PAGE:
So today was just the day to do some canning–really not so unlike those summer days on the farm–with a blustery south wind blowing and the thermometer reading in the 90s.  My beans have been doing well, even though I wish I had planted another row.  I can pick some every day, but I do have to save up to have a mess to cook.  The tomatoes are starting to ripen at a rate faster than I can eat them fresh.  This morning I had more than enough beans and tomatoes to can a pint of pickled beans and a pint of tomatoes.  By the looks of the garden, I’ll be able to do more of the tomates soon, but it really doesn’t matter how many jars I can make at one time because for me, there’s joy in the just the doing.

Part of that pleasure is that I always have to go through my recipe box.  I don’t have much organization to it, so every time I’m looking for a particular recipe, I have to shuffle through them all.  But that’s part of the fun too.  It always a nostalgic journey.  Some are for cookies or cakes I made when I was a kid in 4-H.  Some cards have recipes cut from the newspaper and taped on the cards.  Some are in the handwriting of friends or family members for some dish they had made that was so good that I had asked for the recipe.  Quite a number, like that for canned tomatoes, were written down for me by my Mom.  Just to have that recipe in her own handwriting is something pretty special, now that she’s no longer around to talk to or write down anything.

My canning this morning went without mishap.  I bought a new pot for the water bath process.  It’s deeper, but not as wide as the one I used last year; consequently, it heats faster and the jars are easily covered by the bubbling water.  I’m hoping the garden keeps producing so that I can add more pickled beans and tomatoes to these couple of jars.

Pickled Beans (recipe for 1 pint)

Fresh yellow wax beans (about 1/2 pound)

3/4 cup water

3/4 cup cider vinegar

1/2 tablespoon salt

1 small clove garlic peeled

1 spring fresh dill

1/2 teaspoon each red pepper flakes and mixed peppercorns

Clip the stem ends from the beans, which have been washed.  Try to use the straightest beans that you have for pickled beans.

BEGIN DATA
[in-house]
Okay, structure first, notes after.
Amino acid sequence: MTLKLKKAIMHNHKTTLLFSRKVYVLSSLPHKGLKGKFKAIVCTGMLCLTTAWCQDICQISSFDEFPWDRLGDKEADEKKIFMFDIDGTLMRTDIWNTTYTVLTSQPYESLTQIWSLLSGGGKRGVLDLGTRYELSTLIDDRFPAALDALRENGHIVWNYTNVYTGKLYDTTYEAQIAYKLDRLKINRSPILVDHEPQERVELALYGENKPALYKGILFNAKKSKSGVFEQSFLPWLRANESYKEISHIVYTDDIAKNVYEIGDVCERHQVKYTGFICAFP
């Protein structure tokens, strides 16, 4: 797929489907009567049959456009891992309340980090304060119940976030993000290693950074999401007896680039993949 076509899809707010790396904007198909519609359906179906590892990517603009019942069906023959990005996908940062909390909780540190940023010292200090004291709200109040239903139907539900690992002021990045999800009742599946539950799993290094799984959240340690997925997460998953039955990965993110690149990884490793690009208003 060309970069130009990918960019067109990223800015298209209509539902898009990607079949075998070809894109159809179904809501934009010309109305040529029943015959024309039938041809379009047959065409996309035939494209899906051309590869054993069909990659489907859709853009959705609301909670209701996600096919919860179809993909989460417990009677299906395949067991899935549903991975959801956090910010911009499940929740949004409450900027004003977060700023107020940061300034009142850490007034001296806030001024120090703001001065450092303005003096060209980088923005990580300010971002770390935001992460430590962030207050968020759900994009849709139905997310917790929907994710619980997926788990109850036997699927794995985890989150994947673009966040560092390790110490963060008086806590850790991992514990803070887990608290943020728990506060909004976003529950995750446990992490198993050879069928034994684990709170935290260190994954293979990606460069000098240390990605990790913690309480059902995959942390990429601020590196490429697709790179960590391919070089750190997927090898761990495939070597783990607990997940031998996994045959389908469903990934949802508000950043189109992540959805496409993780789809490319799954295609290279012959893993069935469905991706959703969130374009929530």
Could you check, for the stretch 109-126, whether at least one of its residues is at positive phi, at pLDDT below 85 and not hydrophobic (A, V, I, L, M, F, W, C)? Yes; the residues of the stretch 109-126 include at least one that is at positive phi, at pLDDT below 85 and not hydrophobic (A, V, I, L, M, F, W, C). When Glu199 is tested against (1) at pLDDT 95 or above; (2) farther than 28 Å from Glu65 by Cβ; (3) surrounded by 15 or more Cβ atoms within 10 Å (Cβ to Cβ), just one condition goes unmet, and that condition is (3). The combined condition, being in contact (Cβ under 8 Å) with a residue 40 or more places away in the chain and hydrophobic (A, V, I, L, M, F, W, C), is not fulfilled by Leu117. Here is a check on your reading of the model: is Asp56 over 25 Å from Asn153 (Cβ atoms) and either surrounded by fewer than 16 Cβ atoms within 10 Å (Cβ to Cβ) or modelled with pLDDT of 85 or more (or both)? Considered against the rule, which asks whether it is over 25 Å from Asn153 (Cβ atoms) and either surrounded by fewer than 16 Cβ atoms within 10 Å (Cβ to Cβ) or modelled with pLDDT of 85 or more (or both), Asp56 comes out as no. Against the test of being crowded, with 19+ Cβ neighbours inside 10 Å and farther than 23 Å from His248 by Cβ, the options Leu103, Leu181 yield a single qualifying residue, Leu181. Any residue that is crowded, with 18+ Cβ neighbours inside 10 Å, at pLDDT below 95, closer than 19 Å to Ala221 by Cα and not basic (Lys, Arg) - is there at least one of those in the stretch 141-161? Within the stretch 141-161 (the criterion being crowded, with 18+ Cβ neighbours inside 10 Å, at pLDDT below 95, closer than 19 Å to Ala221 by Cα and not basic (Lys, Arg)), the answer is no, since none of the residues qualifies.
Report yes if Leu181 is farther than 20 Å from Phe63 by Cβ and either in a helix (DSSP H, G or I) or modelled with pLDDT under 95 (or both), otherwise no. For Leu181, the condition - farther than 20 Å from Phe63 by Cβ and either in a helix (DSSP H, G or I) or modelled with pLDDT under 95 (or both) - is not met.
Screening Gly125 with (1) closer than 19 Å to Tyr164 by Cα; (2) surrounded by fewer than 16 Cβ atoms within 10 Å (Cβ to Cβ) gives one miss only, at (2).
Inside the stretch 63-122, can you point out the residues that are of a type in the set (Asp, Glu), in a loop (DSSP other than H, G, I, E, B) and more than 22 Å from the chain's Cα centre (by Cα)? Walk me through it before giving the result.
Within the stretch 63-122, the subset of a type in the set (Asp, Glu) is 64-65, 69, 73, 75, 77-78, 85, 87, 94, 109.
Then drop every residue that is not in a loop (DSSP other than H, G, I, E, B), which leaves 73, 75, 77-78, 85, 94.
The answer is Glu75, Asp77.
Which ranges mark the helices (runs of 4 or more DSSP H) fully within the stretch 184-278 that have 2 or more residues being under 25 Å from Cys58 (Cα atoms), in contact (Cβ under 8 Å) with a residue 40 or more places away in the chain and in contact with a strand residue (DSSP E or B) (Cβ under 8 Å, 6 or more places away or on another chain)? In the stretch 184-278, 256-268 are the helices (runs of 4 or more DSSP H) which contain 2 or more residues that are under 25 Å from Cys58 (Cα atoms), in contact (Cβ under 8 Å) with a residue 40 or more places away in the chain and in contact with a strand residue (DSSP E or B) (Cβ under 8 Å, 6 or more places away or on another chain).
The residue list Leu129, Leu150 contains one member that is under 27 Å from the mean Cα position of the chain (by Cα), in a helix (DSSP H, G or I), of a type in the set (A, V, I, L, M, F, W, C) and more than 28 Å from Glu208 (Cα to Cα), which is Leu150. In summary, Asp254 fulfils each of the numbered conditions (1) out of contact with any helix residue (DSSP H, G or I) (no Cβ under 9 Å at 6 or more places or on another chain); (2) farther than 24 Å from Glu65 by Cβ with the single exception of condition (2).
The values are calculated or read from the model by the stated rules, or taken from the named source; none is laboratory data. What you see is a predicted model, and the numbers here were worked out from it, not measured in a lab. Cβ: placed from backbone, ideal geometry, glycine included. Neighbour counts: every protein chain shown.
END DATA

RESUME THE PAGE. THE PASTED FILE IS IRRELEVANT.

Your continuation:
Fill a heavy kettle with enough water so that jars will be covered by about 1 inch of water when placed standing in the water.  Heat the water to boiling.  Meanwhile sterilize the jars in another kettle with a couple of inches of boiling water in the bottom.  Place the jar lids and the jars in the boiling water.  Remove the clean jars and place on a clean towel near where they will be filled.  Leave the lids in the hot water until you are ready to seal the jars.  At the same time, heat the vinegar, water and salt to boiling in a saucepan.

Put the fresh dill, red pepper flakes, peppercorns, and garlic in the jar.  Then start to pack the beans into the jar by holding the jar on its side and placing the beans parallel to each other lengthwise from the bottom to the top of the jar.  Carefully pack the beans as tightly as possible into the jar, making sure that the end of each is at least 1/2 below the mouth of the jar.

Once the jar is packed, pour the hot brine over the beans to 1/2 inch of the top of the jar.  If you don’t have enough liquid to cover all the beans, just top it off with more vinegar.  Make sure the mouth of the jar is still clean and dry; then place the hot lid on it.  Then screw on the ring.  I screw on the ring tight, and then ease it back just a tad, because during the canning process, bubbles of air will be released from the jars in order to make the vacuum seal.  (That means you don’t have to find a muscle queen to to tighten the jar rings!)

Place the jars in the boiling water.  At this point you will need to adjust the heat because the cooler jars may stop the water from boiling.  Once the water begins to boil again, adjust to just a good simmer and cook the beans for 10 minutes.  Take the jar out of the water and place on a towel to cool.  When the jar has cooled, check to see if the lid has sealed by gently pushing down on the lid with your finger.  If the jar is sealed, there will be no “give”.  If there is an up-down movement, then the jar has not sealed.  I have sometimes sealed jars by sterilizing a fresh lid, making sure the mouth of the jar is absolutely clean, and placing the jar backing into the boiling canning kettle.  However, with more experience, it is a rarity to have a jar not seal.  Therefore, in order not to overcook pickles, it is better just to put any unsealed jar with the lid and ring hand-tightened in the fridge for a couple of weeks and then try them!  Stored jars of pickles and other canned items on a cool dark shelf.

Canning tomatoes is really very easy.  Follow the sterilization and preparation of the canning water as for the pickled beans.  Here is Mom’s recipe that I used.  We always got the best use of everything.  On the backside of the paper it was written on, someone (probably me) had practiced typing on the old portable typewriter we had. Over and over are the lines:  “Now is the time for all good men to come to the aid of their country.”

Mom's recipe for canned tomatoes--nostalgic and delicious.

If you can’t make out the writing, here it is:

Canned Tomato

“Scald tomatoes for a few minutes, then put in cold water.  Peel & pack tight in jars.  Add 1/2 tsp. salt for pints, 1 tsp. for quarts.

Place jars in hot water–bring to a boil–then simmer 20 minutes for pints & 30 minutes for quarts.  I usually put a cloth under the jars.”  (She means put a cloth in the bottom of the canning kettle so that the jars don’t move around too much and possibly break.)